A one-man neo-Nazi “propaganda machine” who encouraged racist mass murder has been jailed for a string of terror offences.
Luke Hunter, 23, from Newcastle, created extremist material and ran accounts on multiple online platforms.
Hunter, the son of a former counter-terrorism officer, was arrested in 2019 at his home address.
He was affiliated with a now-banned terrorist organisation called the Feuerkrieg Division (FKD).
Hunter, of High Callerton, was sentenced at Leeds Crown Court to four years and two months in prison.
Hiding behind an alias, he posted extremist material to several online platforms, including his own website, podcast, and a channel on the Telegram messaging application.
He used the accounts to promote racial hatred and murder, telling followers that the “eradication” of Jewish people was a “moral and racial duty”.
Death threat film
On the Telegram channel, which had more than 1,000 subscribers, he posted violent neo-Nazi imagery and glorified various terrorists, including the London nail bomber and the man who murdered 51 Muslim worshippers in Christchurch, New Zealand.
The channel was affiliated with FKD, which was banned in the UK as a terrorist organisation earlier this year.
Hunter, who communicated with the group’s young leader, produced video propaganda for FKD, with one film including death threats to the chief constable of the West Midlands. The force had charged an FKD member with planning a terrorist attack.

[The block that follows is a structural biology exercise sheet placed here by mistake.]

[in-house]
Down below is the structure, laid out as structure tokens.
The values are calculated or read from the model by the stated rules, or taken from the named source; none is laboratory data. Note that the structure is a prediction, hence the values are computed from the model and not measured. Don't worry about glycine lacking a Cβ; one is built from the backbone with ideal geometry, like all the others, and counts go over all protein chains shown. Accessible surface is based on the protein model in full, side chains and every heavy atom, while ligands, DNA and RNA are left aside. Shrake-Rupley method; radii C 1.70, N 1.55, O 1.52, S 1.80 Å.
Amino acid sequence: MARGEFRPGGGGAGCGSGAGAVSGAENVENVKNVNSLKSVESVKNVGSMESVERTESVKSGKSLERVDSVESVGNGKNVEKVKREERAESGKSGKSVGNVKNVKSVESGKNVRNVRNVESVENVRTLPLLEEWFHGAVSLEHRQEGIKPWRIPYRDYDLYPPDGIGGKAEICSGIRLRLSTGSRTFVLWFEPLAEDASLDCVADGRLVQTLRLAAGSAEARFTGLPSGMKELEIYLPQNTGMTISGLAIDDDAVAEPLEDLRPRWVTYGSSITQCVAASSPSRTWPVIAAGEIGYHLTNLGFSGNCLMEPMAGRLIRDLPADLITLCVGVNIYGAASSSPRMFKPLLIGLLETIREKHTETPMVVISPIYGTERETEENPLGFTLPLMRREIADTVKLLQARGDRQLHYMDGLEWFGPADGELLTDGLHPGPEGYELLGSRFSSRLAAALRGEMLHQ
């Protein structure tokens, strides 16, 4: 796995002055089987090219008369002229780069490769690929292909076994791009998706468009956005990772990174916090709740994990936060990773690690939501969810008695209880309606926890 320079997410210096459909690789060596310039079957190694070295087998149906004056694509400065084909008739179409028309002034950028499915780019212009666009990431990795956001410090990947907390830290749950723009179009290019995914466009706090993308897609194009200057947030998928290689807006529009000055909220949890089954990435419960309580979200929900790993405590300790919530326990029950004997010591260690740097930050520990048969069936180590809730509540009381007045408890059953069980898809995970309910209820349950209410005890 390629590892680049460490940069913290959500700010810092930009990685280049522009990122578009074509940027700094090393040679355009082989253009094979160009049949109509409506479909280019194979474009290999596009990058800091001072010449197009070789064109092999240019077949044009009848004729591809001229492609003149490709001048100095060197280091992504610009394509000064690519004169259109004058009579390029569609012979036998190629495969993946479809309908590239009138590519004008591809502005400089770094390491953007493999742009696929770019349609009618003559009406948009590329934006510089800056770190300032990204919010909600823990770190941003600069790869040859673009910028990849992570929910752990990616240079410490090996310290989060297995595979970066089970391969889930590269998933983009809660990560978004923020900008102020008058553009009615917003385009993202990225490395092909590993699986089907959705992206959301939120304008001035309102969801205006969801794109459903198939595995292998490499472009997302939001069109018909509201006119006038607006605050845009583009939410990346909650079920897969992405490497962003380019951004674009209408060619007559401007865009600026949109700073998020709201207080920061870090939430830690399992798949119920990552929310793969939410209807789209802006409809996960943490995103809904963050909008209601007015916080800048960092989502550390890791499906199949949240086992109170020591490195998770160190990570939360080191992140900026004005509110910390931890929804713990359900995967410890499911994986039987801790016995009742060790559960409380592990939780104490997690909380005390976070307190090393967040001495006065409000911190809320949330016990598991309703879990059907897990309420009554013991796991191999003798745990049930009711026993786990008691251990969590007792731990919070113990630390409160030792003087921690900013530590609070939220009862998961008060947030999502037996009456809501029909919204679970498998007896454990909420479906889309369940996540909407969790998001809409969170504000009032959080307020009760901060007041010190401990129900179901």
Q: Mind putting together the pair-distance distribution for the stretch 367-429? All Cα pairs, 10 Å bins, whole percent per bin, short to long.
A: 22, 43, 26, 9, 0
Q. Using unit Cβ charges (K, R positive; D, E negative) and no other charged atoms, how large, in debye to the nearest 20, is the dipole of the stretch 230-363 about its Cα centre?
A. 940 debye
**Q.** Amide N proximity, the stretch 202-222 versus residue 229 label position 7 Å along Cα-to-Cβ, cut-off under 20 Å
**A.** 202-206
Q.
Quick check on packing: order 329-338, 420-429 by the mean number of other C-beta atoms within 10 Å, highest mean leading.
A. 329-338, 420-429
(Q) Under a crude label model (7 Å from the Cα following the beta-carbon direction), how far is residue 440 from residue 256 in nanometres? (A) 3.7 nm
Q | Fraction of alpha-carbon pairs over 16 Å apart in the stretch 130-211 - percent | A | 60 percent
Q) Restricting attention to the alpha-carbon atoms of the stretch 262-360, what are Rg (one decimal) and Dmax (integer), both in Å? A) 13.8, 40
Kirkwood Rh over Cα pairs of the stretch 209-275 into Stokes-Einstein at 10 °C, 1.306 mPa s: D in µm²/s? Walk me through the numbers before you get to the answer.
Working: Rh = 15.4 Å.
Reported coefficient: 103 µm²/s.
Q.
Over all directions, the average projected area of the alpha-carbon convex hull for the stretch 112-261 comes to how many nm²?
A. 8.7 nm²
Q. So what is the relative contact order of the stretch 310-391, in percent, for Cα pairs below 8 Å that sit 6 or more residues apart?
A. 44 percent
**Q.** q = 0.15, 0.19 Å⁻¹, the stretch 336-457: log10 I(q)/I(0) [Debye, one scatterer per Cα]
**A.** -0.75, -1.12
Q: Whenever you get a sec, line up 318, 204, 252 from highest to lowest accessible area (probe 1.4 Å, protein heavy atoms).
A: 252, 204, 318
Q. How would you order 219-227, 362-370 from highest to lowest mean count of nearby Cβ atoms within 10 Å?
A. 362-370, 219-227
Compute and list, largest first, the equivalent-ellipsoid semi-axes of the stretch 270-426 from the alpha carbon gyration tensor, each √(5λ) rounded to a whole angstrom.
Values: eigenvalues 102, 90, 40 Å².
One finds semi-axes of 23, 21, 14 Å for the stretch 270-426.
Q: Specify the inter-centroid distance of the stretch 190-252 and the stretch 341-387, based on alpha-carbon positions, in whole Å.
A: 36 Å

One of Hunter’s podcast guests was Alex Davies, co-founder of the banned extreme right-wing group National Action.
But Hunter was not only active online and travelled to Glasgow to deliver a speech at a far-right conference.
In October last year detectives searching the house where he lived with his mother found a large hunting knife and a life-size dummy covered in stab marks, prosecutors said.
‘Promoted killing techniques’
A preliminary court hearing heard Hunter’s father, with whom he did not live at the time of his arrest, spent years as a Metropolitan Police counter terrorism officer before transferring to a civilian role.
Hunter pleaded guilty earlier this year to four counts of encouraging terrorism and three of disseminating terrorist publications.
The prosecution argued that Hunter, who has been diagnosed with autism, was “deeply radicalised” and that his activity “smacks of a propaganda machine which has been designed to function over a number of platforms”.
Det Ch Supt Martin Snowden, head of counter terrorism policing north east, said that Hunter’s online activity “glorified terrorism, promoted killing techniques and encouraged the killing of Jews, non-white races and homosexuals.”
He added: “Luke Hunter represents a threat to our society, not simply because of his mindset, but because of the considerable lengths he was prepared to go to in order to recruit and enable others in support of his cause”.